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Warning that Brexit could make roaming charges higher

That’s according to MEP Deirdre Clune, who raised the issue today.

Image: Shutterstock/Leonardo da

THE BANE OF many travellers’ lives is roaming charges – but thankfully the EU has started taking steps in recent years to lower the cost of using your mobile phone while abroad in Europe.

However, the Brexit referendum has left some people wondering what’s going to happen to roaming charges when the UK leaves the EU.

Today, MEP Deirdre Clune said that the “huge uncertainty” over Brexit and what it will mean for consumers extends to roaming.

“Roaming charges are due to be abolished across Europe next year, 2017, and that’s being seen as good for the consumer, good for travellers, good for tourism and another positive sign of how Europe has worked to ensure there are no barriers across Europe,” she said.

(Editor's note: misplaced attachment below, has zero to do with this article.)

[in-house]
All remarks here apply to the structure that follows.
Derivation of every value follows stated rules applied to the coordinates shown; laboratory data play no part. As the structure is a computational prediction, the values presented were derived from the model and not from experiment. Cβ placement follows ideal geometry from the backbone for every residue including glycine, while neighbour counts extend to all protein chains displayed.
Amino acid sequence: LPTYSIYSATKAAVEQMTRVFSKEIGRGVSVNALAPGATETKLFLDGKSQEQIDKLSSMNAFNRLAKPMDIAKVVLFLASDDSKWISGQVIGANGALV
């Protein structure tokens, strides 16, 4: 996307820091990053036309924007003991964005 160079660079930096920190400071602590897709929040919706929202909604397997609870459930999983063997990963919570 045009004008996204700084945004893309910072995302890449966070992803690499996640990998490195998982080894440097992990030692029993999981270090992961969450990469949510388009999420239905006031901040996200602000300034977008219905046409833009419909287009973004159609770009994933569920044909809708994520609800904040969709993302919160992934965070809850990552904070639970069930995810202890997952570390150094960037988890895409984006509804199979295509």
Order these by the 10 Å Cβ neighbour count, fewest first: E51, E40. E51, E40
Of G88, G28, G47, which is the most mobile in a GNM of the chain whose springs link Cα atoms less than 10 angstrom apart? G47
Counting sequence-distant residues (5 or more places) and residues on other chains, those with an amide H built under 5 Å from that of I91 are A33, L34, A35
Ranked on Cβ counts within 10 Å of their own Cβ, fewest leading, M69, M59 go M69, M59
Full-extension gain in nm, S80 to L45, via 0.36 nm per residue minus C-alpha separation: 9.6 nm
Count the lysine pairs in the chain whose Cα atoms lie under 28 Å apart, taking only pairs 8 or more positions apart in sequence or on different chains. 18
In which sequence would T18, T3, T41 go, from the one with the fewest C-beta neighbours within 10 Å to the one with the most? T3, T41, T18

But she asked: “If the UK exits Europe as they decided to do, what will that mean for Irish travellers travelling to the UK or across to Europe? Will they have higher charges – will they have to pay higher charges for roaming?”

Answering her own question, Clune said that it is “likely” to mean higher charges, given “that the UK will be outside Europe and the companies there will be free to do what they like; they are not subject to EU rules or EU regulation”.

It will be difficult for consumers. It will be expensive, and it will also mean UK people travelling to Ireland as tourists, it will be a disadvantage for them.

The MEP said that this uncertainty over charges could also apply to other consumer issues once the UK has left Europe. 

So far, the UK hasn’t made any concrete promises about what will happen with roaming charges. Once outside of the EU, companies won’t be subject to regulation – but that doesn’t mean they will necessarily want to impose higher roaming charges either.

As with most of the post-Brexit outcomes, the situation is far from clear.

As for the attitude amongst her fellow MEPs toward Bexit, Clune said: “At the beginning there was shock… now people want certainty, want article 50 triggered as soon as possible.”

She said that once the UK has its new prime minister settled in, it is time to trigger the article that will enable it to leave the EU.

The process needs to get underway to “eliminate a lot of the uncertainty that is there”, said Clune.

Read: EU roaming charges have just been slashed. Here’s what you’ll be paying from toda>

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